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Garden 429- Dorothy Scott Osceola

Posted By Paula Navarrete, Wednesday, December 11, 2013

I am dedicating this garden to Dorothy Scott Osceola (1940-1979) because she was a Seminole activist and community leader. Being a woman during difficult times and when woman usually wouldn’t have very large influence in a man powered world she still fought for social and economic improvement in the Seminole Tribe of Florida during a time when few Seminoles went to school, especially women. Dorothy saw her tribe poverty-stricken and wanted to do something about it. She was a huge advocate for the tribe’s education and keeping the traditions, culture, and history alive and fresh amongst all the members. She wanted everyone to always remember their roots and be proud for whom they are as a Seminole descendant. One thing she said was "not to worry, we can deal with the white world and keep our culture too.” She also overcame an environment of poverty to obtain an education. Osceola graduated from a Florida business college and was able to go to Washington D.C. and obtain a job at the Bureau of Indian Affairs. She served as secretary treasurer of the Tribe from 1957-1960, and was admired as a leader in her community. Dorothy helped hold the tribe together during there most toughest years and never got to see the tribe break out from poverty when the casino and gaming came into play. If she were to see it she would be very happy for the fortune but very disappointed for the loss of tradition amongst the tribe community over time.  She passed away at a young age, 39 years old, but left a mark upon the Seminole tribal community in south Florida. Today, we see an education building dedicated to her and everything she believed and fought for. This building, located in Hollywood, not only promotes education but also features a day care center, the tribe’s library, and different rooms showcasing the tribe’s history.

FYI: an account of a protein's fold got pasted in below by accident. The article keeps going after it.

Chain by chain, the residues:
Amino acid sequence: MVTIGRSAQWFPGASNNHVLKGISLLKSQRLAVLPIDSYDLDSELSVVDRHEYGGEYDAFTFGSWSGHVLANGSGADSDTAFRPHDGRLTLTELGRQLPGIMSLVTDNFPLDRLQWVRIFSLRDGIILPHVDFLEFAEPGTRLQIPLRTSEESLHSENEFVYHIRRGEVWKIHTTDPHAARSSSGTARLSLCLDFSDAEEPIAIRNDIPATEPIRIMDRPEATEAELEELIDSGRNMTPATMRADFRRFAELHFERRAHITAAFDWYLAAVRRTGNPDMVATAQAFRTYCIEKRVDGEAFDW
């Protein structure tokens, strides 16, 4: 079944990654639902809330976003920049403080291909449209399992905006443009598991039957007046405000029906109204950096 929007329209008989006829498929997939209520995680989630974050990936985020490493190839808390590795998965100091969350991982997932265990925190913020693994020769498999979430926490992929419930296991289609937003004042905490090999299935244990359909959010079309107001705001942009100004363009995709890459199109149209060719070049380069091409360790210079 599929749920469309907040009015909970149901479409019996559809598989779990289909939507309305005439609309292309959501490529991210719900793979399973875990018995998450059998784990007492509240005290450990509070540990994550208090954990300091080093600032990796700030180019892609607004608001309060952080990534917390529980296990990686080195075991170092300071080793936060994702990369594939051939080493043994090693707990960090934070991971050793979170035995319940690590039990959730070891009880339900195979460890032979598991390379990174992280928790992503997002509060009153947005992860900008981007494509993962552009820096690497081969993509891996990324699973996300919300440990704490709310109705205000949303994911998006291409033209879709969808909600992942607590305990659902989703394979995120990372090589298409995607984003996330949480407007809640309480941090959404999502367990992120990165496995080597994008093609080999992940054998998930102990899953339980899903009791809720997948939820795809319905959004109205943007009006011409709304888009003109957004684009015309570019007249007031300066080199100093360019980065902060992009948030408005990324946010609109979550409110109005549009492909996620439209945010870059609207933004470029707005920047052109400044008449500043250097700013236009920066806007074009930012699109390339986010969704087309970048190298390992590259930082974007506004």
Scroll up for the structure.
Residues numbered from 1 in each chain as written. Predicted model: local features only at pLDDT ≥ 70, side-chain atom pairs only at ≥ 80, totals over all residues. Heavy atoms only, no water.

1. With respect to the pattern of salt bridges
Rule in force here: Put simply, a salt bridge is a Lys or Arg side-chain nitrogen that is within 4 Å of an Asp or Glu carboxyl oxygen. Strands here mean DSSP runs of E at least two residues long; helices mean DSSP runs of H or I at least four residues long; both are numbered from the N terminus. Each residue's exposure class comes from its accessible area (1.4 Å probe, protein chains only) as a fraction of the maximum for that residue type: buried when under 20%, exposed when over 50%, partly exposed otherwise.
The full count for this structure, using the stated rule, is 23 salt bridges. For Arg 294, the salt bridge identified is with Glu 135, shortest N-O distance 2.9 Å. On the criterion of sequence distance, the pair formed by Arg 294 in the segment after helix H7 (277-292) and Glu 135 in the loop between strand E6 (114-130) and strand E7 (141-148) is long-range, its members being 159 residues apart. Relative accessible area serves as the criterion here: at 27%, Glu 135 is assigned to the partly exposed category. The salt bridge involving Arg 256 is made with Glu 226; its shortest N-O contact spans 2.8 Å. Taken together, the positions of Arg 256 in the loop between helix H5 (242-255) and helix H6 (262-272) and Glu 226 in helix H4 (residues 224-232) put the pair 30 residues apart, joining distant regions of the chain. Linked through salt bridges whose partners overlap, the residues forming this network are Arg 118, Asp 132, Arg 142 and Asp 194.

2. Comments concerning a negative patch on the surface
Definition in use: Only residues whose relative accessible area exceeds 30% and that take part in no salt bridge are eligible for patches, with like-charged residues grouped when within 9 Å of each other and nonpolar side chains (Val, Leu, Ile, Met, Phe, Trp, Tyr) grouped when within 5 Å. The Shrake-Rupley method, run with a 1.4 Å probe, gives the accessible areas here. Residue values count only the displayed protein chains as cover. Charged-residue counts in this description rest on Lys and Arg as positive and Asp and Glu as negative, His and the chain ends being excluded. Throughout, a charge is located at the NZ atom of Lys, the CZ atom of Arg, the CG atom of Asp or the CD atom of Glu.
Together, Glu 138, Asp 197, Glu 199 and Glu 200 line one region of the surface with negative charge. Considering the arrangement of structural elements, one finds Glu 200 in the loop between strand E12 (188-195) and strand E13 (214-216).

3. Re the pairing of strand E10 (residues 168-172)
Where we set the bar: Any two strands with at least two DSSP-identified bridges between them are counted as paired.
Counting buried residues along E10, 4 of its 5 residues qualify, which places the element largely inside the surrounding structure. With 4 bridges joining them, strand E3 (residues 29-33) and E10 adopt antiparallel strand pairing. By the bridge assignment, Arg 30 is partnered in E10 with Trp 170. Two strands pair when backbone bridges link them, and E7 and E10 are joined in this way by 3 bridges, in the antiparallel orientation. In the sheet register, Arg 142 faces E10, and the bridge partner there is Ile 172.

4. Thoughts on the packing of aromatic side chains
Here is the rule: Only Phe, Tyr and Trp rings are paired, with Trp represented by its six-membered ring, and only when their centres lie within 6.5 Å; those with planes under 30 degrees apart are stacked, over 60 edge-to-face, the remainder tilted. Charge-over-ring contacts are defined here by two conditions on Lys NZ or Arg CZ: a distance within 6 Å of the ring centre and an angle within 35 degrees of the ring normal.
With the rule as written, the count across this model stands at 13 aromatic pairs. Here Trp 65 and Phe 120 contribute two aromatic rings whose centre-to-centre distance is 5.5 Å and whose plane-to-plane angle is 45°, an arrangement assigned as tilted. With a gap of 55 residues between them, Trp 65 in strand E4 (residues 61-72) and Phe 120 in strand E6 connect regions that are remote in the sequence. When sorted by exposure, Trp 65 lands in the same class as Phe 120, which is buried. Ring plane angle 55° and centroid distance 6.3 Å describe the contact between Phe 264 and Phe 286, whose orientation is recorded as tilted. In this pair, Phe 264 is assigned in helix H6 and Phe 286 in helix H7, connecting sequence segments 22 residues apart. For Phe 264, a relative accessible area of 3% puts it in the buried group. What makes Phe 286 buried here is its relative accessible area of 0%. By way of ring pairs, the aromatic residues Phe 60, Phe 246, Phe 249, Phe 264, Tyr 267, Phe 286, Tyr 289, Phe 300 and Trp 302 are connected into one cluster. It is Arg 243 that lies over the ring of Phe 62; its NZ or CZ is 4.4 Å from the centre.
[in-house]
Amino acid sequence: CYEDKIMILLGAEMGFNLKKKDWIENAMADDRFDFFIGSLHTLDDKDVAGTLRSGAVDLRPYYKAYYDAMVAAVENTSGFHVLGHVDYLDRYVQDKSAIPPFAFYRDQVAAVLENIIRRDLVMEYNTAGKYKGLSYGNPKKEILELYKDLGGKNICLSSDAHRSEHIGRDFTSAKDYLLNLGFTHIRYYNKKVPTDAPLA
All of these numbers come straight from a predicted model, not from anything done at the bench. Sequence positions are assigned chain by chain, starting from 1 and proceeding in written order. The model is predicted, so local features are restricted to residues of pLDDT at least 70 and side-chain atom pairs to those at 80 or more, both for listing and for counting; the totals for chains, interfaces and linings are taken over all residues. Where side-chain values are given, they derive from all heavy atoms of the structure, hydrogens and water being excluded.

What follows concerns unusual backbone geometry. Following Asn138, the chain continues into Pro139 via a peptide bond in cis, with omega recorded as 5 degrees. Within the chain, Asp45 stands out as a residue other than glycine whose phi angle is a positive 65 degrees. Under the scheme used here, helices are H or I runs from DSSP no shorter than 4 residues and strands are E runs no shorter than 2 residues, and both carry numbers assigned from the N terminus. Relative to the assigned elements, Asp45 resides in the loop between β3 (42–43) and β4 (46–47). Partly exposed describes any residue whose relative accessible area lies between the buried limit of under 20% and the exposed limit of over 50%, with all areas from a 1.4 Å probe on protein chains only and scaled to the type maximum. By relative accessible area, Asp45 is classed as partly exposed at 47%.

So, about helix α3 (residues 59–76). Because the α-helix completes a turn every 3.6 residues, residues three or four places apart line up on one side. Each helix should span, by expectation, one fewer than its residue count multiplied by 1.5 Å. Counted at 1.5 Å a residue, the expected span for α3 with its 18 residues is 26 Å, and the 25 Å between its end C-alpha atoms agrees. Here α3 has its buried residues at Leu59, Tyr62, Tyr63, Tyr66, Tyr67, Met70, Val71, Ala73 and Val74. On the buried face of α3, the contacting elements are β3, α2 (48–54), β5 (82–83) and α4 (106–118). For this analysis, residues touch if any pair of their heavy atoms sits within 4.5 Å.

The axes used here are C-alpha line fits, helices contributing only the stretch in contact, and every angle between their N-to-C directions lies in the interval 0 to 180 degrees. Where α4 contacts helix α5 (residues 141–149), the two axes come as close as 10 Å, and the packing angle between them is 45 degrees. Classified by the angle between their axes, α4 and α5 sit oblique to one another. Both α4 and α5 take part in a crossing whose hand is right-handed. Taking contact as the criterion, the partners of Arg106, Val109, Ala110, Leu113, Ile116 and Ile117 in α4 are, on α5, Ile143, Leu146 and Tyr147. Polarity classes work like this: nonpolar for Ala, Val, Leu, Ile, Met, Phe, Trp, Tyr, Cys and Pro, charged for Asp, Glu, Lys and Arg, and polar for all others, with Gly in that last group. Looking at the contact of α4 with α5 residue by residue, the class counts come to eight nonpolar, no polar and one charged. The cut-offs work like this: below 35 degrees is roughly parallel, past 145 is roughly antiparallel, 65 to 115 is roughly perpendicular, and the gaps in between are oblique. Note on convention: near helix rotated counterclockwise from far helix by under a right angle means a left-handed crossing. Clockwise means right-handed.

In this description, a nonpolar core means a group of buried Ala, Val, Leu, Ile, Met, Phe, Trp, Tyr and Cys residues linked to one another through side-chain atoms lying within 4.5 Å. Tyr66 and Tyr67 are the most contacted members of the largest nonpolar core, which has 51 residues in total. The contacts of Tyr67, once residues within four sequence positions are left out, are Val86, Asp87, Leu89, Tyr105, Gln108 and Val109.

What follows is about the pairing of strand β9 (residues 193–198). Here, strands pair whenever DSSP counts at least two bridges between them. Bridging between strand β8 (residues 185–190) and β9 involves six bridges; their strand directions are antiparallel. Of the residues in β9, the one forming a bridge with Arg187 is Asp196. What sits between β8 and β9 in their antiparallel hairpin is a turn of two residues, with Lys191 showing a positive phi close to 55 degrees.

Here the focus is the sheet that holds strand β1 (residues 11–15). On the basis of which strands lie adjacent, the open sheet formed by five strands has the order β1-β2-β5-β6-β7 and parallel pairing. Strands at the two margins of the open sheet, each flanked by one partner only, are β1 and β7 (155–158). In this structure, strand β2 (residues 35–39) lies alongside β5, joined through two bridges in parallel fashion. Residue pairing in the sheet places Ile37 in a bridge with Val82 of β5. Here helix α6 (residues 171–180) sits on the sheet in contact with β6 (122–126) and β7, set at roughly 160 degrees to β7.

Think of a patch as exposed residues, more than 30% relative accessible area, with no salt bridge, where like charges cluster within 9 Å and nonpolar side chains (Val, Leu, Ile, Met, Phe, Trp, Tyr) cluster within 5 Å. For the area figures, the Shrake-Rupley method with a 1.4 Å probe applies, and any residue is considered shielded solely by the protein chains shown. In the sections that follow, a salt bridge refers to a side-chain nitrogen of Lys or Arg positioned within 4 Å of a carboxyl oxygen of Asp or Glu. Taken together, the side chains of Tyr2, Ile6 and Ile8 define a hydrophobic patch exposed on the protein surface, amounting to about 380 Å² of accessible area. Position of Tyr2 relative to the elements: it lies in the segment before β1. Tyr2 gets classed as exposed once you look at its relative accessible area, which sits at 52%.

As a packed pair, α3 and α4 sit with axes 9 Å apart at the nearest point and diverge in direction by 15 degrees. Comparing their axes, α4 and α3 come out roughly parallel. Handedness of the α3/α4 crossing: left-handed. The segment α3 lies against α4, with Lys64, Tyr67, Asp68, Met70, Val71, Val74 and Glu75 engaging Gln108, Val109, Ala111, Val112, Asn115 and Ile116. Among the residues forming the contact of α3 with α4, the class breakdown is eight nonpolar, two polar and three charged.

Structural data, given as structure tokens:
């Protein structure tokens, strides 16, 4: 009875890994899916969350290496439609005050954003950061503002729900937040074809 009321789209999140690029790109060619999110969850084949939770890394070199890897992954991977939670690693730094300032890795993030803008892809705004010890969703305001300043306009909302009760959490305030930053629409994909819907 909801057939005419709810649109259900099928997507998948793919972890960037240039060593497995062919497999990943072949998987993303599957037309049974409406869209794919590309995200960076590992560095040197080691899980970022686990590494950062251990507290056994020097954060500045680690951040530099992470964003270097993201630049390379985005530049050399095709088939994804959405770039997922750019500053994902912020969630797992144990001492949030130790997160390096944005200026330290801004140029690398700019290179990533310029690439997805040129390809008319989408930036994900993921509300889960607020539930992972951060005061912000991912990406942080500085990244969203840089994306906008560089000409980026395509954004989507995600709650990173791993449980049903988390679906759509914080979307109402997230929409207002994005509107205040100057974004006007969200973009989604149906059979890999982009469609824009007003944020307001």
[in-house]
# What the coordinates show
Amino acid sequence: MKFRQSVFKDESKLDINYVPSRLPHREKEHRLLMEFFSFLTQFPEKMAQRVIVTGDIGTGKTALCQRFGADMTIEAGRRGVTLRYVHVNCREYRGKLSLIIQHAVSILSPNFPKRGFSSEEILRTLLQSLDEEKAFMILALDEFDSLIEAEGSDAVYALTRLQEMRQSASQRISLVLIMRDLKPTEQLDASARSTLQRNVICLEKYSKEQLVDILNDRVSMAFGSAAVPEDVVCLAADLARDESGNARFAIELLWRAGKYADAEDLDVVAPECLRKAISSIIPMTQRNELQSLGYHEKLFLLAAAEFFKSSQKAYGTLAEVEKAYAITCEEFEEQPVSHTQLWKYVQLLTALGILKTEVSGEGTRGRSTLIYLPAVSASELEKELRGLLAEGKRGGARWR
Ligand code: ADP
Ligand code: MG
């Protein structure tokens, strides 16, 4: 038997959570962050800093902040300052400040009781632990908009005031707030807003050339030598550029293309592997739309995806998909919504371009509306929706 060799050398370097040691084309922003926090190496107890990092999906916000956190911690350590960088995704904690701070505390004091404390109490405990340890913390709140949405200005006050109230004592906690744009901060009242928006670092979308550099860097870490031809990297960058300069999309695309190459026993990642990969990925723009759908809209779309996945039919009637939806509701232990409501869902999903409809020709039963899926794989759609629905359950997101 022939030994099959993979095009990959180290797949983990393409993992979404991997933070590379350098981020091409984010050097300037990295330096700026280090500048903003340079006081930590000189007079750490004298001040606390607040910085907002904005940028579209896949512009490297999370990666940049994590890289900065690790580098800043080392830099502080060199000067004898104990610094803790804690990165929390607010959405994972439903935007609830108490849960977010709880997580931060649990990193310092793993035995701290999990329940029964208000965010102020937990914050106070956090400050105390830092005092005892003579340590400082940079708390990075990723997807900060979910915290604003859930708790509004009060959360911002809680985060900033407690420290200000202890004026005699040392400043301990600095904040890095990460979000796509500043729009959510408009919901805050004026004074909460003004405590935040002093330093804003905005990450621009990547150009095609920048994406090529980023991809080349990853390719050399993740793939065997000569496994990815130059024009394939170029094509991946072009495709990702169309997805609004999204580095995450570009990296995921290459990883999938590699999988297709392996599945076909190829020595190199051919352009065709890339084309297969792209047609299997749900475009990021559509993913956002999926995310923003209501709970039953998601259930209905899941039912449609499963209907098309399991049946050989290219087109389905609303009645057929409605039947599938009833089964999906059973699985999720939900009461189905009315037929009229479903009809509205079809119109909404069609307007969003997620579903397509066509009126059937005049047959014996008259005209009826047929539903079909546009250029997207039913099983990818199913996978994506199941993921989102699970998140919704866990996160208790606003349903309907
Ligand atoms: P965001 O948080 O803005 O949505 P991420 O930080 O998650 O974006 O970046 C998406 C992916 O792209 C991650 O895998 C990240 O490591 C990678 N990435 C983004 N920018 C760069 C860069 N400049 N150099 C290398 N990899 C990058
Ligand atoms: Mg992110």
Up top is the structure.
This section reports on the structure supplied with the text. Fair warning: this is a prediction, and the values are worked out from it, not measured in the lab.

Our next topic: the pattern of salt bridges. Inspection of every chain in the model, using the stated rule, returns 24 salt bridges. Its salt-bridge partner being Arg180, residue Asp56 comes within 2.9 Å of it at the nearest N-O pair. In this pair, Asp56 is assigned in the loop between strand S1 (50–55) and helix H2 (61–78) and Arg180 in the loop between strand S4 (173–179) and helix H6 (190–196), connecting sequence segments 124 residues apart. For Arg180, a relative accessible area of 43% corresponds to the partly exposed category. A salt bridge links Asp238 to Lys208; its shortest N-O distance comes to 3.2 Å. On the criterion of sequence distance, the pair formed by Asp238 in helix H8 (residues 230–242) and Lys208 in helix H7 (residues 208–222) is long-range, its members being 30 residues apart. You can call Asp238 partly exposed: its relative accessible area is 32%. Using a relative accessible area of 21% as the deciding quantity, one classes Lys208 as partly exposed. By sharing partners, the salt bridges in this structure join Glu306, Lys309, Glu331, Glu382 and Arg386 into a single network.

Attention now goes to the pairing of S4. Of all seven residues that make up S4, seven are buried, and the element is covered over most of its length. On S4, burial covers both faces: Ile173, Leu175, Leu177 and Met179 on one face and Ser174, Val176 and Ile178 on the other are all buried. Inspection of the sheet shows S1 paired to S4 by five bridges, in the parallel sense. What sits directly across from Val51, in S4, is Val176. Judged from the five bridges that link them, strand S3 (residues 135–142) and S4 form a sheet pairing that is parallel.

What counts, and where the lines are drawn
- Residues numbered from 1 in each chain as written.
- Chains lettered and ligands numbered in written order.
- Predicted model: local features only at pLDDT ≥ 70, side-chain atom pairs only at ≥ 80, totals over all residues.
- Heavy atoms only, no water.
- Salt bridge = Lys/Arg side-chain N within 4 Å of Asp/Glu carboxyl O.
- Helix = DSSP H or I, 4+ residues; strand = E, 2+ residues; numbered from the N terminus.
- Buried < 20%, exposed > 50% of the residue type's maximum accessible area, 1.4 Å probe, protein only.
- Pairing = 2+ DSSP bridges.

I decided to do my garden at West Broward High School instead because I found it interesting and significant to have a school right across the Everglades and use those two aspects to bring about memories for her tribe and what she tried to implement. She was an advocate for justice and equality within her tribe and for her tribe amongst the rest of the white-American culture surrounding them. She was also an advocate, along with her sister, to have an education to use in order to better their system and make connections with governmental groups. Also, she believed to stay true for her roots along the way of being educated and making a change for their tribe. These things can all be seen or at least pondered when you visit the school, knowing it is a location for furthering a young persons education and having the Everglades across the street helps to remember the hardships the tribe went through back in those days, but regardless of the hardships they continued forward.

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Xavier Cortada
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